how to add your coffee maker to the Internet of Things
The Internet of Things is an idea that all electronic devices can be uniquely identified and communicated with over a standard medium of communication – the Internet. My foray into the Internet of Things began when I was perusing Wikipedia and stumbled upon HTCPCP, or Hyper Text Coffee Pot Control Protocol. HTCPCP is essentially a standard for communication with coffee pots over the Internet. During some free time this weekend, I built a prototype coffee maker that uses HTCPCP to allow my computer to control the coffee brewing process.
Here’s a video of the coffee maker in action.
Note that this isn’t a true Internet of Things coffee maker yet, because I’m controlling it over the USB connection and not over Ethernet. I ordered an Ethernet shield from Amazon, so once that arrives I’ll be converting it into a true coffee-making web server. Breaking apart coffee makers and adding communication protocols to them is much easier than it sounds – here’s how to do it.
- A coffee maker – any cheap coffee maker will do ($20)
- An Arduino ($22)
- An Ethernet shield (optional) ($34)
- A relay module for the Arduino – choose one that has a relay for each button you wish to control ($12)
So without the Ethernet capability (i.e. you just want to connect your Arduino to your computer, and not have it be on the Internet) you are looking at an additional $34 on top of the cost of your coffee maker. The Ethernet shield is mainly for the sake of principle.
The first step is the most obvious- rip apart your coffee maker (at your own risk), and remove the chip behind the buttons of the coffee maker.
But before you break apart your coffee maker, take a good look at the buttons that you use to turn it on, brew coffee, change the brewing strength, or set a timer. If you want your Arduino to have any of these abilities, you have to enable it to press those buttons. To do this, isolate the buttons you want to control, and solder wires onto the two leads that get joined when the button is pressed. In this case, I only wanted to be able to control the on/off button and the brew strength button, so I soldered wires onto the two leads for each of them.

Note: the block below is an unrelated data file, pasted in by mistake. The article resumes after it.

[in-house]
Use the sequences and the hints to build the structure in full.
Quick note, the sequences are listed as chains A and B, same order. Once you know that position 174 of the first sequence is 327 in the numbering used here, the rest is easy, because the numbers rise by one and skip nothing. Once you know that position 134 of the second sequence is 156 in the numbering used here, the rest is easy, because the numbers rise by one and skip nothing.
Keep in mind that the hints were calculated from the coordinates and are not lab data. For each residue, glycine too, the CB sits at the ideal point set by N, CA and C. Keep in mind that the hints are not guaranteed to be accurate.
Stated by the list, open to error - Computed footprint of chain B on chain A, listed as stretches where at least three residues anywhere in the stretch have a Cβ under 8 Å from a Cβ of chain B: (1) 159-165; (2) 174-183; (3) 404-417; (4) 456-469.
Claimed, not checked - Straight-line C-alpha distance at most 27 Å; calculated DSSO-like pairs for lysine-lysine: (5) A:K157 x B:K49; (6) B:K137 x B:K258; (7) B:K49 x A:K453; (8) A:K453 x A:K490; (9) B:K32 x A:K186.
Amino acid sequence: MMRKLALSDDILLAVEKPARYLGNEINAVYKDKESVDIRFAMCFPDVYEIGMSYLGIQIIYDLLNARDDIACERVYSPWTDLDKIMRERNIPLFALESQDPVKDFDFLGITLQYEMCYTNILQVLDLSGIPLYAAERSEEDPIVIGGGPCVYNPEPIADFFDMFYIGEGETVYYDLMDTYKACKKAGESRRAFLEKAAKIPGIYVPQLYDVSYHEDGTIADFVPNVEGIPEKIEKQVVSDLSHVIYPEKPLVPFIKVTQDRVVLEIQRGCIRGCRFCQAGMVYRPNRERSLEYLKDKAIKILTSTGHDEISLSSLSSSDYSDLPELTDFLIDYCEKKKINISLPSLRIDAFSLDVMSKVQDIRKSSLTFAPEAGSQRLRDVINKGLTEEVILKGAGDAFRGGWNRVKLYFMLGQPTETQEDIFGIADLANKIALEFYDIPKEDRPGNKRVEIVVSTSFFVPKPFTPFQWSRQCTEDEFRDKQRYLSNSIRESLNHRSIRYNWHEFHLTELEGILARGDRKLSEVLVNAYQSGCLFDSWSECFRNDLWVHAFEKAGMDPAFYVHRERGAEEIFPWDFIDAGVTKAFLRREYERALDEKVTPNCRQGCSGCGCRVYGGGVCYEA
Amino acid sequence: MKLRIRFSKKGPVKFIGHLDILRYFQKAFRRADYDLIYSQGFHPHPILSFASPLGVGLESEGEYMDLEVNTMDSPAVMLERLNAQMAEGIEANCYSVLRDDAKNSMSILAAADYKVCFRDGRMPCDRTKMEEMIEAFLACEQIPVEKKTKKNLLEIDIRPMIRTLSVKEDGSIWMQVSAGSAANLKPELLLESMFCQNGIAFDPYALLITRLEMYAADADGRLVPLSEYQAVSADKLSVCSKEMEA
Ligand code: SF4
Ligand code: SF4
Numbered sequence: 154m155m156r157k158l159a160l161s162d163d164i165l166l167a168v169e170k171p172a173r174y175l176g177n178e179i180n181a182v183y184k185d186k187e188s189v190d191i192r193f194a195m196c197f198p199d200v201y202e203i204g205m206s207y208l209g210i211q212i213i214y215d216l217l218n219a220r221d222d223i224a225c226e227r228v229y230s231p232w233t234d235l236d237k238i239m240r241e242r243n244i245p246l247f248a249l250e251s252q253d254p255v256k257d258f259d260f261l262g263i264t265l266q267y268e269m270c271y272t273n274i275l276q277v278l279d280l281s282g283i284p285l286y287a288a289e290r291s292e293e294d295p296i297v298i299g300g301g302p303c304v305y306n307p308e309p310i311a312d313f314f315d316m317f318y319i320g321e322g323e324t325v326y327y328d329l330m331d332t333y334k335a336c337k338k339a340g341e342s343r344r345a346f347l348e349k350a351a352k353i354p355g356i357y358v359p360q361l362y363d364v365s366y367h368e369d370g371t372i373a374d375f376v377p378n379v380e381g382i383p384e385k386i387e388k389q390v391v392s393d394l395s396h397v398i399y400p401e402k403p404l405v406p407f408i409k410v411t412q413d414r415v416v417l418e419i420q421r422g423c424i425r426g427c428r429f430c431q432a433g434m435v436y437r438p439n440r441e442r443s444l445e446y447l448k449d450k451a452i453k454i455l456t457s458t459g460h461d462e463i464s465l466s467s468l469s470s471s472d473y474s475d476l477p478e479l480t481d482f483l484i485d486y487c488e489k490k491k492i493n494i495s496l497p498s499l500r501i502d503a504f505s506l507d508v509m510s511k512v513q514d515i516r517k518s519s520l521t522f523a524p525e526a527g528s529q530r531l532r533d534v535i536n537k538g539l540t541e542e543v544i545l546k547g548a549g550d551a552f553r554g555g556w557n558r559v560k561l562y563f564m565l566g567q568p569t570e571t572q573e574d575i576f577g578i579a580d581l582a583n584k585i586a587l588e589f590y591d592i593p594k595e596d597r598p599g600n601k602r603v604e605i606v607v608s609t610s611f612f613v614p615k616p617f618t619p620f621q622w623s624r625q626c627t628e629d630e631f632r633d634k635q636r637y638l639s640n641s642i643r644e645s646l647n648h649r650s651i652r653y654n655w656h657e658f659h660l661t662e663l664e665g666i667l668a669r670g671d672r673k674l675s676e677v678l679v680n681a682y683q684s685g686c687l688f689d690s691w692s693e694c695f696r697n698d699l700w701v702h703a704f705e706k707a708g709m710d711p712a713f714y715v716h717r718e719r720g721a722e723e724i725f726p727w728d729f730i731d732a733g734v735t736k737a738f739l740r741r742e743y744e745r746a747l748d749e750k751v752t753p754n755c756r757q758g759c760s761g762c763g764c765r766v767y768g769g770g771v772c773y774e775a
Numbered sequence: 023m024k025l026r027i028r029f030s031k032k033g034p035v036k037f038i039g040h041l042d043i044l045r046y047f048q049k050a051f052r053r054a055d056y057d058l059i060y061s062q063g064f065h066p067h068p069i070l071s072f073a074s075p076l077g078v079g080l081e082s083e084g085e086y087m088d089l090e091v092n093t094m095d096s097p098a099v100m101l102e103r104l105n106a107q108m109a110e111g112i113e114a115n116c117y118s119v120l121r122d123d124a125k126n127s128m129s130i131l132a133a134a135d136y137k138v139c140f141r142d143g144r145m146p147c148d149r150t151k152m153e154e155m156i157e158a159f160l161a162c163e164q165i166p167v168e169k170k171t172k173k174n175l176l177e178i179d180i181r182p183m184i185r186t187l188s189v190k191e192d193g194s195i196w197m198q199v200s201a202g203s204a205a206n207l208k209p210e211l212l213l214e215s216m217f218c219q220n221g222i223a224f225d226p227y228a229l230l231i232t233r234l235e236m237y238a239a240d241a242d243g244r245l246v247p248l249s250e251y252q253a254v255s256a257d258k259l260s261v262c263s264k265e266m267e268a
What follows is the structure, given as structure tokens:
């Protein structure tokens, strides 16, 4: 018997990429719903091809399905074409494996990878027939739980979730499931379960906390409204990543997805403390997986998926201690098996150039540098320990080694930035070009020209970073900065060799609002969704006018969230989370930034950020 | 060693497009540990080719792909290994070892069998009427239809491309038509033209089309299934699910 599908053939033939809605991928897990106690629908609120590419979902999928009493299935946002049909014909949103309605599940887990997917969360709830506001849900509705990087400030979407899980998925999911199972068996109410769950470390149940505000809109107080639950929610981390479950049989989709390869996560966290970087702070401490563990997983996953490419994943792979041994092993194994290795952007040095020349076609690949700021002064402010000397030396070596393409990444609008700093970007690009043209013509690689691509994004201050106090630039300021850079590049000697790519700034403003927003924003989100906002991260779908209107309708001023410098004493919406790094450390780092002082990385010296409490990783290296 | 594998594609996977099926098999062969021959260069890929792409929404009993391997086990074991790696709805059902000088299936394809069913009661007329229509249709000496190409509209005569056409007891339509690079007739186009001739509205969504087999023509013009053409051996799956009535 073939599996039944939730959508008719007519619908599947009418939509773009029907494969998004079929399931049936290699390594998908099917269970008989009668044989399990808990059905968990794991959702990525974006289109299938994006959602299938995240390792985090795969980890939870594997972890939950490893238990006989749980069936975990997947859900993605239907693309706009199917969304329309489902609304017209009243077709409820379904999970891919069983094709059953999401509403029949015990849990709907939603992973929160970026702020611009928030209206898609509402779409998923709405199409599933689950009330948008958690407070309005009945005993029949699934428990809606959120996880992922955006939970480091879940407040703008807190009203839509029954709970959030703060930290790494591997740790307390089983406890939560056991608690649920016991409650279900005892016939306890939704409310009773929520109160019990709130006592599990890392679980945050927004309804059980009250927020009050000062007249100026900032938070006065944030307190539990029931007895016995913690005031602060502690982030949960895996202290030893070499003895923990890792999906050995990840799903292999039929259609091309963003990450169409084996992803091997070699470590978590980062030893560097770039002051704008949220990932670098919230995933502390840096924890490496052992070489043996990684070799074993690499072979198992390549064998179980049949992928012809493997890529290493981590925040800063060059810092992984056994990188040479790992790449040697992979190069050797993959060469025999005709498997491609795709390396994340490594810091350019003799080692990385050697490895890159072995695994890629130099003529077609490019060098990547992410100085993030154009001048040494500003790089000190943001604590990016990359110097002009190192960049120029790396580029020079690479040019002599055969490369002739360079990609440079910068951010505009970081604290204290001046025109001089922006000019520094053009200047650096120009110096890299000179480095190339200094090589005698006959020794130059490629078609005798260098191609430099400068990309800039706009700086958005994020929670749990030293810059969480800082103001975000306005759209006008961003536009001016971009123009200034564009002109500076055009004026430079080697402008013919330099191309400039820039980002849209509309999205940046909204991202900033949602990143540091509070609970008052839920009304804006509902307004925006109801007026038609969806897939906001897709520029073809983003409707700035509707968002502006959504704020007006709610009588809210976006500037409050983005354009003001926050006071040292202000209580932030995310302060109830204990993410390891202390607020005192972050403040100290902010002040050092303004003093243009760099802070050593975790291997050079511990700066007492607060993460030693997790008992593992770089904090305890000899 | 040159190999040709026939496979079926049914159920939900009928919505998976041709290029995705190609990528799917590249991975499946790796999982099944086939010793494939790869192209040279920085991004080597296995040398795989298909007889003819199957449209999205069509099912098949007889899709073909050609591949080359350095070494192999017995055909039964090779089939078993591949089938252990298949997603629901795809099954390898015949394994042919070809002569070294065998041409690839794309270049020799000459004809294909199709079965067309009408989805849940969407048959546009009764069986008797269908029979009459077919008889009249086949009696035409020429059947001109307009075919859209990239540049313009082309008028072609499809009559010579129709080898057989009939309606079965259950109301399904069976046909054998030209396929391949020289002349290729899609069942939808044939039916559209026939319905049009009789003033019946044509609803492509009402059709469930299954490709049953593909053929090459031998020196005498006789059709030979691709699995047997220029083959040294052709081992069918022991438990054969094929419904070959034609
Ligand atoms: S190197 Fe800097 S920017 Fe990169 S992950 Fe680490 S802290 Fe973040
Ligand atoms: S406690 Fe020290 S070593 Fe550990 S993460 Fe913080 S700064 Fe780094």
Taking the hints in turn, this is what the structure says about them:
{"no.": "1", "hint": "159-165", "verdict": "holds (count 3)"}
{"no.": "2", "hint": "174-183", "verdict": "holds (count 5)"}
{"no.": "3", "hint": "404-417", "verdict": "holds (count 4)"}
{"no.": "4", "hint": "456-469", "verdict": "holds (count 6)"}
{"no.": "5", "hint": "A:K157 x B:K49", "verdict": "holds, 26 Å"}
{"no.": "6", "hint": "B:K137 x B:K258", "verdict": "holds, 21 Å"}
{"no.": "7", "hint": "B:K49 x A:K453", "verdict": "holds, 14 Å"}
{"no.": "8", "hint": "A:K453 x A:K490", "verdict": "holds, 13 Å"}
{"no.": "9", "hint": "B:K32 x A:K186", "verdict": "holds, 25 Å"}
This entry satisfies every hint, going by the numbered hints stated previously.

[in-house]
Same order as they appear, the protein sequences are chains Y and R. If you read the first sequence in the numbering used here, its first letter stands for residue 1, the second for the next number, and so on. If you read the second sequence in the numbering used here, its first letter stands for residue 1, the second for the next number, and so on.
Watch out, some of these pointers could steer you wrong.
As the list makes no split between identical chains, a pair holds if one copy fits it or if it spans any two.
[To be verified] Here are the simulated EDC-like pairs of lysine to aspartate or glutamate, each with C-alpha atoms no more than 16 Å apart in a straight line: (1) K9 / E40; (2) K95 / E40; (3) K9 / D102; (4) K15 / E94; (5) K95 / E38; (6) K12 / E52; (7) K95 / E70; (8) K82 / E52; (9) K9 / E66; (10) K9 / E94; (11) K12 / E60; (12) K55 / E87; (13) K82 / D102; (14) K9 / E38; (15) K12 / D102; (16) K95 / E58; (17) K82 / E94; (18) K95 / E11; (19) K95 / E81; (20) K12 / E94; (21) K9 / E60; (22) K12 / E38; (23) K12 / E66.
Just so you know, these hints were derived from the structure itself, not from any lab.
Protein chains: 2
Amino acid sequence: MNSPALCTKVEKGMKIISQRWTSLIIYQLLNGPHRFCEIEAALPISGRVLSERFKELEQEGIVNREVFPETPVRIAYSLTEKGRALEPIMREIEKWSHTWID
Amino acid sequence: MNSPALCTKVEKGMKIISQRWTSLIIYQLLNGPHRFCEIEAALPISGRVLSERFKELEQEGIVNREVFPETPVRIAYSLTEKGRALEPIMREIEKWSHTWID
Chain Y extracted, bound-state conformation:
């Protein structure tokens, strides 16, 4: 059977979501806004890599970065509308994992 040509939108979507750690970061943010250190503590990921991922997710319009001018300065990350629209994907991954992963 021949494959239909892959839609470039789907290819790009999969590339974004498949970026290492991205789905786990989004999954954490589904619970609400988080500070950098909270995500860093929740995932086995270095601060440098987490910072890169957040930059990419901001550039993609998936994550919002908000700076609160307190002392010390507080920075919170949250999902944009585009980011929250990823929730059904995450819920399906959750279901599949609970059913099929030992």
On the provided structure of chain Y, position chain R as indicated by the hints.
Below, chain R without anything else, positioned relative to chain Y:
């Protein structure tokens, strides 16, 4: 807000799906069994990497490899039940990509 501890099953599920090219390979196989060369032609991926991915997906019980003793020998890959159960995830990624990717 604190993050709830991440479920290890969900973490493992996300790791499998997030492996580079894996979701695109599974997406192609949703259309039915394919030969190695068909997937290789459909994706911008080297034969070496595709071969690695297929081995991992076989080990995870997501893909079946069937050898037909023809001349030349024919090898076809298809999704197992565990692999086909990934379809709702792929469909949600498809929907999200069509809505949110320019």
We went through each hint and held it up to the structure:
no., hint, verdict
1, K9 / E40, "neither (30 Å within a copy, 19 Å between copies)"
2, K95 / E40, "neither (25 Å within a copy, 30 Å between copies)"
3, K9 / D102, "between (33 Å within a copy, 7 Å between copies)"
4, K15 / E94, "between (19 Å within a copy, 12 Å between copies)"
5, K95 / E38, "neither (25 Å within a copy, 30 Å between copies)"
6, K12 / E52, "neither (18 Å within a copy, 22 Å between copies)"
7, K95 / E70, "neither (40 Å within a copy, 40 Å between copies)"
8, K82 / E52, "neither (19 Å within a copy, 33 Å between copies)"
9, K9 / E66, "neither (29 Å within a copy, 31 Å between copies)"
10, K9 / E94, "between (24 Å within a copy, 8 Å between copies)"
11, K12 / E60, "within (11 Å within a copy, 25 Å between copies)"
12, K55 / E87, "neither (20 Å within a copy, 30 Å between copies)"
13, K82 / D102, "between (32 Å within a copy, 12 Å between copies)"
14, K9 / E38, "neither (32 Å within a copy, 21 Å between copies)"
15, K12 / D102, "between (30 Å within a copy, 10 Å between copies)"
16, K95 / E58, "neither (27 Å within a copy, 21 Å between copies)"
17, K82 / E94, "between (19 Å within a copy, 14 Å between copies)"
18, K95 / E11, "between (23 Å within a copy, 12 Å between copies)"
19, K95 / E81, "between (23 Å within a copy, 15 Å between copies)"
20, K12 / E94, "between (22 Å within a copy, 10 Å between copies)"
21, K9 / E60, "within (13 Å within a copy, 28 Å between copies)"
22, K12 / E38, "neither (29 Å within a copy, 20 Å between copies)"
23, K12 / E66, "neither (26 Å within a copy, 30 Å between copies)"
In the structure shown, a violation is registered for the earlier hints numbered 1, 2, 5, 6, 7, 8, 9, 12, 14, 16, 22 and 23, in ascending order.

Then, connect each pair to a relay, ensuring that you hook the correct wire to the correct input on the relay. A relay is just a mechanical switch – I used them in a previous blog post to make them control TV remotes. Once the relay is hooked up, you can reassemble your coffee maker with the new addition. To hold everything in place, I screwed a piece of MDF onto the front of the coffee maker, and attached the relay module to that.
Then, I connected the relay module to an Arduino. Since I didn’t have a socket adapter, I used a mini breadboard to connect the wires to the Arduino, which is the reason for the big taped up black box. I’ll be replacing it with a male-to-female adapter the next time I take a trip to the electronics store.
And there it is! A slightly meaningless invention considering the advent of programmable coffee makers, but this unique device allows you to control the coffee pot from literally anywhere as long as it is connected to an Internet-enabled computer. If you decide to outfit the Arduino with an Ethernet shield, you won’t even need the computer – the coffee pot itself will be a standalone device on your local network.
Although it’s not the most terribly useful thing to have a coffee maker that you can remotely control, the idea of controlling things with microcontrollers has a wide range of applications. There are plenty of electronic devices around us, and giving them a standard medium of communication allows devices to become inherently “smarter”.
For example, I can now SSH into my computer and tell it to brew a pot of coffee right before I leave work, and have a fresh pot waiting for me when I come home. Similarly, you could connect such a device to your thermostat and have it heat up your house before you reach home, or connect it to your lights for a full-blown home automation set up. The possibilities are limitless.